'I thank the technical staff who made it possible for me to give a good performance at the [testing sessions] recently,' Timo Glock said on Thursday.

BAR's In The Ballpark, Says Jenson
BAR-Honda is in the 'ballpark' of the top Formula One teams.

According to the Brackley-based outfit's lead driver Jenson Button, regular podiums are a 'realistic target' for the new season which starts next month.

He scoffed at claims that impressive performances at recent tests with the new 006 car, including lap records, were only possible due to 'low fuel' runs.

'Maybe people are running more fuel than us,' he said, 'maybe some people are playing games. But we're quick because of our hard work. The car is quick.'


Button, 24, said if regular podiums are possible, 'a win might happen too.'

After four full-seasons in F1, JB is yet to land on the post-race podium.

He said: 'If I don't get one this year there will be something very wrong.'

The Englishman revealed that he hadn't once hit the pre-season tracks this winter with the ultimate ambition of smashing lap-records and going quickest.

'It's just happening,' he told Autosport, 'because we're quick. It's lifted everyone. Somehow we manage to be quick everywhere we go, which is good news.'

* Jenson Button was seventh (of 11 runners) in Thursday's trials at Valencia.

How Many Times Has JPM Been Booked?
Juan Pablo Montoya has lost count of how many times he's been booked speeding.

In 2002, the Formula One racer was done in America and last season - in between duelling for the championship - the Colombian was pulled-over in France.

'I have a Colombian license and you don't get points on it,' he told Maxim.

'All they do is ban you in France for two months - so what?! I'm traveling around so much that I'm hardly there. So what does it matter?'

Montoya doesn't like to be in the passenger seat.

'We have a bit of a deal,' he revealed in reference to wife Connie. 'I drive, but I'm not allowed to go over 125mph. It's a compromise!'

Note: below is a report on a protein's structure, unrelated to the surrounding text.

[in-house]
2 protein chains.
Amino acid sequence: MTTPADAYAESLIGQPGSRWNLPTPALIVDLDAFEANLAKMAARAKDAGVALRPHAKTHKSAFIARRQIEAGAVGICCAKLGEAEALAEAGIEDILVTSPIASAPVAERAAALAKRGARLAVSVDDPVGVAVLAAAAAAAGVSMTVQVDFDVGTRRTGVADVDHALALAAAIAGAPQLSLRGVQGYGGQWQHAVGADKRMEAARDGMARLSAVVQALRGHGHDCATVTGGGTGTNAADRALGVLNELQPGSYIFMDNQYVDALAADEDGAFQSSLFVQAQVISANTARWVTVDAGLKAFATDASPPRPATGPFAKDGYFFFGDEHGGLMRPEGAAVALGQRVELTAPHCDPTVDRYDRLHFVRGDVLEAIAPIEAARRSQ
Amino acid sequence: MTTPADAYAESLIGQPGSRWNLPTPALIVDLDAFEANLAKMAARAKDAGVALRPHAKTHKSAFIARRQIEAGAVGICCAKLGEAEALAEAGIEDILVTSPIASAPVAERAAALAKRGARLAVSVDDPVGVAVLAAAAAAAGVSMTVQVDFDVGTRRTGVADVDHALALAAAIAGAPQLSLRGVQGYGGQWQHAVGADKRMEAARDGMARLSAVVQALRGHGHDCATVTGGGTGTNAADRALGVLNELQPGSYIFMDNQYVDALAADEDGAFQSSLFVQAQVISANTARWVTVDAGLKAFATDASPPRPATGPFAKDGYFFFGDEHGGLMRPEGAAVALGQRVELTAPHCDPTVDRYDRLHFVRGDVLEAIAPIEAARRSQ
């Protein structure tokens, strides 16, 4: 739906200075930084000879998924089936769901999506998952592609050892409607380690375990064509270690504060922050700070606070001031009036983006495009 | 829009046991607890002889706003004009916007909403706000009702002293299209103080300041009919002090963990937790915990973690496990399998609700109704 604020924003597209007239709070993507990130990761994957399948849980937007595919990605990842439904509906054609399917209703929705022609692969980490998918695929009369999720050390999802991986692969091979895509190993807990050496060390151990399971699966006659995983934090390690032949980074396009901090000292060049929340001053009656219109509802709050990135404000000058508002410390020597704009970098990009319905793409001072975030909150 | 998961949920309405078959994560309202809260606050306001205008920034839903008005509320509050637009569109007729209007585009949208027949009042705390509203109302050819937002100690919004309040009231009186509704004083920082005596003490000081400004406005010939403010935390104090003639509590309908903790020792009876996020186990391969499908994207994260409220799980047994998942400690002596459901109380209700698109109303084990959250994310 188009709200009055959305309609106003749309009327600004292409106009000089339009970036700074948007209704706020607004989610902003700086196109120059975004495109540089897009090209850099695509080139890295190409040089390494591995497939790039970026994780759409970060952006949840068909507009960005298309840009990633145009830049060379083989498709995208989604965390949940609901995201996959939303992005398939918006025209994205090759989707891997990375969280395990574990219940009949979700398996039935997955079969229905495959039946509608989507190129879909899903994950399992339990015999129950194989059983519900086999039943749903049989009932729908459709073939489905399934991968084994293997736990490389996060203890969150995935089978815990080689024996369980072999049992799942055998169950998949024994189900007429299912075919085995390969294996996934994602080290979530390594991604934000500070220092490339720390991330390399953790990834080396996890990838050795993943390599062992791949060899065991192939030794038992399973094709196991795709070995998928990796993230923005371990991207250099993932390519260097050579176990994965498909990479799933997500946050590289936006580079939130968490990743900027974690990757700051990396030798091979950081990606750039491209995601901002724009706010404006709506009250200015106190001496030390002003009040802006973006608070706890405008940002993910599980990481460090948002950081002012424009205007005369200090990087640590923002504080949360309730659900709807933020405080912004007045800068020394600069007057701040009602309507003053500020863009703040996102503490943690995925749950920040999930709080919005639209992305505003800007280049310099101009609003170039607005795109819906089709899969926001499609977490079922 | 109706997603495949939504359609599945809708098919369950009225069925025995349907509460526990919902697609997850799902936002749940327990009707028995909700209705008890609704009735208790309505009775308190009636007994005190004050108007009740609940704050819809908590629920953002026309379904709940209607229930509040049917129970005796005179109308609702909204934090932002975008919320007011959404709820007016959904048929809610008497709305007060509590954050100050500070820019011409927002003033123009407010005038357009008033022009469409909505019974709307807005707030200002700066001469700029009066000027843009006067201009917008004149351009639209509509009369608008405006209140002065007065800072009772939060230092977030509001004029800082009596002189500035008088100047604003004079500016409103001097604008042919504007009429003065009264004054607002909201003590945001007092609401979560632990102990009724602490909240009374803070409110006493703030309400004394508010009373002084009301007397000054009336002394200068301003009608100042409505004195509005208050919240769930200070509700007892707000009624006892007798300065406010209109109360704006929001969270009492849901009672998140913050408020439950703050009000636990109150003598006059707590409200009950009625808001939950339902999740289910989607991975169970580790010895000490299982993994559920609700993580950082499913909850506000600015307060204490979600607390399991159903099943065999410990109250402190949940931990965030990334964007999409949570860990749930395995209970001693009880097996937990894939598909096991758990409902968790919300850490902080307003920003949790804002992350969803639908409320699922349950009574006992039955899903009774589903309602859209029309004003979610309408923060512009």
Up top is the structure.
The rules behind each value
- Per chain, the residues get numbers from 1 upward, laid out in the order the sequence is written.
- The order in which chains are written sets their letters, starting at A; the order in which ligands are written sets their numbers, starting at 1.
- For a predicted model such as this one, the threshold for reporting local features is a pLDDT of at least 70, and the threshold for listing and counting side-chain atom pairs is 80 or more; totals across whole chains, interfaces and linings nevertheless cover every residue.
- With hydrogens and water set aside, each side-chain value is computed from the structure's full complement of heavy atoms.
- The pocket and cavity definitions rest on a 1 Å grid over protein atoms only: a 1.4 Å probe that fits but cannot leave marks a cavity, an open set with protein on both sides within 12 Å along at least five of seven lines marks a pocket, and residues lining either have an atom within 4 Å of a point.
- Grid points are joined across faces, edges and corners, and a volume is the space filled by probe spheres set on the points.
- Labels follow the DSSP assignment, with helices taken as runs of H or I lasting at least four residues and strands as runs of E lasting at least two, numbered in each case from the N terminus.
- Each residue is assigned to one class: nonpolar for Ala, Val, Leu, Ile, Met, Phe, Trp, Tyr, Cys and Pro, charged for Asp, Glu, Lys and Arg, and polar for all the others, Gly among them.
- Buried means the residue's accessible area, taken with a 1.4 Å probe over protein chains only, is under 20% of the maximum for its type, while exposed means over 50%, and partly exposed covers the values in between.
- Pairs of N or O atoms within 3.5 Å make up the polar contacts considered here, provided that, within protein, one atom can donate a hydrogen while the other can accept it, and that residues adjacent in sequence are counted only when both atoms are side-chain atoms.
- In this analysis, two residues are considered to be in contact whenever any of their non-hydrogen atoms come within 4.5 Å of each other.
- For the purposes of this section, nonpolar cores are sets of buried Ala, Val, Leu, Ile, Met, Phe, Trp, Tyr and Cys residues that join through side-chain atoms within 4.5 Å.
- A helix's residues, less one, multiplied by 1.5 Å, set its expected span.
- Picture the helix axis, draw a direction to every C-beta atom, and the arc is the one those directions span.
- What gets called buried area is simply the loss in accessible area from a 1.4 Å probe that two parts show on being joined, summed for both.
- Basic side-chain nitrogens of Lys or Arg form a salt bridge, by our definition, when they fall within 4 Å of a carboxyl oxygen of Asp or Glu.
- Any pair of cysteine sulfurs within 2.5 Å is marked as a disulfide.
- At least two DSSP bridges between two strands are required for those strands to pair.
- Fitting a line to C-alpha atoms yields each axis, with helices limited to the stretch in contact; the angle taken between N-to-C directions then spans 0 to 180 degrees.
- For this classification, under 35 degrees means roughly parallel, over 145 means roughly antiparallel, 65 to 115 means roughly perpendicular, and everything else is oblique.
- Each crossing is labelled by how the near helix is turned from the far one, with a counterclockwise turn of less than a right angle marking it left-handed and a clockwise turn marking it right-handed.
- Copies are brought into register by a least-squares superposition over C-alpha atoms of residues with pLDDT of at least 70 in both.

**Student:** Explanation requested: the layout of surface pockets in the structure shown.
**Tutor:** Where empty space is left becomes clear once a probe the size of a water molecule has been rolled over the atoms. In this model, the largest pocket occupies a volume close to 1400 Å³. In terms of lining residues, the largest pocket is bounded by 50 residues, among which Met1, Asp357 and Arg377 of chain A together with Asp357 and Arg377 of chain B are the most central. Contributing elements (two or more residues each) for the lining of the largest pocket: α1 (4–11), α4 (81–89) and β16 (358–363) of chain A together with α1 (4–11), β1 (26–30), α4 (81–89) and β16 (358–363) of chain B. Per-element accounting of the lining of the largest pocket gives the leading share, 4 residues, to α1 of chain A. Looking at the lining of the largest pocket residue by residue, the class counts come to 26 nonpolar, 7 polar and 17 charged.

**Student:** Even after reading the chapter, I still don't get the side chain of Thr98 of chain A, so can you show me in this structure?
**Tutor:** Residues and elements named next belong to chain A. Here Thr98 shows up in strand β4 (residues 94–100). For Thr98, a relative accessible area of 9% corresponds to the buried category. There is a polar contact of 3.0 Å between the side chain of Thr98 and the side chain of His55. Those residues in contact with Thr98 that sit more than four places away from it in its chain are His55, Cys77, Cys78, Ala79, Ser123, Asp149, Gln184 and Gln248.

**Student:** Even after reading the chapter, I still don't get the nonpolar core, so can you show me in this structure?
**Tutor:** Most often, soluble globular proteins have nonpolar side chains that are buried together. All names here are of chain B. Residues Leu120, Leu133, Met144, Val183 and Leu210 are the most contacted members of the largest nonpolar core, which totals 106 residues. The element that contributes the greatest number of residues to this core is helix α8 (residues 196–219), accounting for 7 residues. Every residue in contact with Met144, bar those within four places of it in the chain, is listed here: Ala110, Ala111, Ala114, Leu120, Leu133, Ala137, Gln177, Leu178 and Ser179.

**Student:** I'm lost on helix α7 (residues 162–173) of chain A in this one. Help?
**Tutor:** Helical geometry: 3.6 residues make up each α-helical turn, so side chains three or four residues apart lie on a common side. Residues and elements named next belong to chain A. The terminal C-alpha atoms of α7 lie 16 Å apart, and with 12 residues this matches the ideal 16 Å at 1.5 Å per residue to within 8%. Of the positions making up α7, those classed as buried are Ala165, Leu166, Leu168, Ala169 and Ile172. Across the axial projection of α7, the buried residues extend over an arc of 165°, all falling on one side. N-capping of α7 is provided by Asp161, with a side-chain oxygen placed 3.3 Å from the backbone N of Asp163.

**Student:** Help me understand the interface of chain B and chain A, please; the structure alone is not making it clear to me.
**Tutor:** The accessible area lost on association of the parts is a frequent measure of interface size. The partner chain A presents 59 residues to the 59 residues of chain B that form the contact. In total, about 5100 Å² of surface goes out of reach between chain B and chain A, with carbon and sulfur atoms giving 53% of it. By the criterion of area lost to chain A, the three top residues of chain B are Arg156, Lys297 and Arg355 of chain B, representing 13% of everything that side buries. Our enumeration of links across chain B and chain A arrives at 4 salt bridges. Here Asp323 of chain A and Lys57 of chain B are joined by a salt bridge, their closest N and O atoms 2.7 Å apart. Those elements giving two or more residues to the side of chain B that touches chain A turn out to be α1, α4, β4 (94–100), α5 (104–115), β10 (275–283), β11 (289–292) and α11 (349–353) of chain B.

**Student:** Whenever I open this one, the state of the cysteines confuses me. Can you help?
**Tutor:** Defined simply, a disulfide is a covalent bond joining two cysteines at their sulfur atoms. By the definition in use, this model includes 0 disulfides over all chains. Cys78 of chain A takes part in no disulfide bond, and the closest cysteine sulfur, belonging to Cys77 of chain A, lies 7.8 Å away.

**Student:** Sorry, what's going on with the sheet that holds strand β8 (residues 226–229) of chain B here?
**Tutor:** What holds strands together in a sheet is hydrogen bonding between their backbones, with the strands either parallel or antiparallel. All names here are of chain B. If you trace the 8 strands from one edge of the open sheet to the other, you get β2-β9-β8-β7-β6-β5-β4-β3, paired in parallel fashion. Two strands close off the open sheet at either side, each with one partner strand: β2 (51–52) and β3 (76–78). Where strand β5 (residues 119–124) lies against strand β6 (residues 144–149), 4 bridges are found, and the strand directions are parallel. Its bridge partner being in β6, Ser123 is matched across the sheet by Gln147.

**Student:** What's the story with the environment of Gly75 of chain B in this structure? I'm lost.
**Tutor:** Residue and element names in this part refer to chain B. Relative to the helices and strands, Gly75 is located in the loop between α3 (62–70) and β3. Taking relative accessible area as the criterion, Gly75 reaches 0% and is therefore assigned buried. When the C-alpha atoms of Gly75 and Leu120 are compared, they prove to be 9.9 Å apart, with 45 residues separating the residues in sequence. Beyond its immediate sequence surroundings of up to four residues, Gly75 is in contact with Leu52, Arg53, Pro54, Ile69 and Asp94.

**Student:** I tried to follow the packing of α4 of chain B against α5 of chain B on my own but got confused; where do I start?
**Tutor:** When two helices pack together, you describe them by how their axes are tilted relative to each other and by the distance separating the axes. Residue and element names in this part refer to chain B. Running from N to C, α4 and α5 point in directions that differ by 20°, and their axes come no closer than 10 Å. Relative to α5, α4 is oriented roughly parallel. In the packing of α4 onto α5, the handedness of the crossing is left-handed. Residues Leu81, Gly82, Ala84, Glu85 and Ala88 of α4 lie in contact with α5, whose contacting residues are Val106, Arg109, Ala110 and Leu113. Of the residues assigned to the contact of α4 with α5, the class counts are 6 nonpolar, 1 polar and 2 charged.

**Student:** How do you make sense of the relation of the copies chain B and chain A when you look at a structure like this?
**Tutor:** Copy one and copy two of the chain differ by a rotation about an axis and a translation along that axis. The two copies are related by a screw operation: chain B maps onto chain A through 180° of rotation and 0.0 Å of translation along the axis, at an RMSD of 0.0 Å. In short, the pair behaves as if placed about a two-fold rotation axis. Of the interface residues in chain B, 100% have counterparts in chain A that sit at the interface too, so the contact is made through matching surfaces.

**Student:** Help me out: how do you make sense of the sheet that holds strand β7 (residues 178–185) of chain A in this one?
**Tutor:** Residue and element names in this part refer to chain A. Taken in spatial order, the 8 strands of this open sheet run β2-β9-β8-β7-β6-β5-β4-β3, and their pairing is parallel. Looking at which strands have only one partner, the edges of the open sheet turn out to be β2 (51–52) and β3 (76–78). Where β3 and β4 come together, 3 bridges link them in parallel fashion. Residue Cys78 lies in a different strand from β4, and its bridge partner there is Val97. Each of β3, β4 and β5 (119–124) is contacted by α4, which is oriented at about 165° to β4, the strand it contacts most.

The BMW-Williams ace - who'll switch to McLaren in 2005 - might be worth $18 million behind the wheel, but he's not worth a cent in soccer-boots.

'I'm really, really, really crap at it,' he said, 'which is unusual in Colombia.

'I was always the kid who never got picked at school.'

Montoya said he's never been scared in a racing-car, but he came close to messing his pants one time in a comparatively tame Citroen Saxo saloon.

'I was going about 125mph on a little cliff road on a mountain,' he said. 'A car drove straight at me, I went off the road, but didn't hit anything.

'I was a lucky boy. I didn't shit my pants but I was pretty shaken up.'

F1 Eyes Dubai
Formula One might stage a second grand prix in the Middle East.

According to a Scottish company, it has won a contract to build a grandstand and retail buildings for a F1-style circuit in Dubai, in the Emirates.

Bahrain will host the first-ever F1 race in the Middle East in April.

'They see this as a key project so there was a lot of competition,' said Bone Steel's director Colin Bone, in reference to the more than $5 million contract.

Scottish steel started leaving Glasgow's dock on Thursday.


Dubai has cropped up a few times in Formula One headlines of recent weeks; first with the speculated visits of ace drivers Kimi Raikkonen and Ralf Schumacher.

And other sources speculate that the destination would be an ideal venue for a non-European base for Formula One, given recent problems over EU legislation.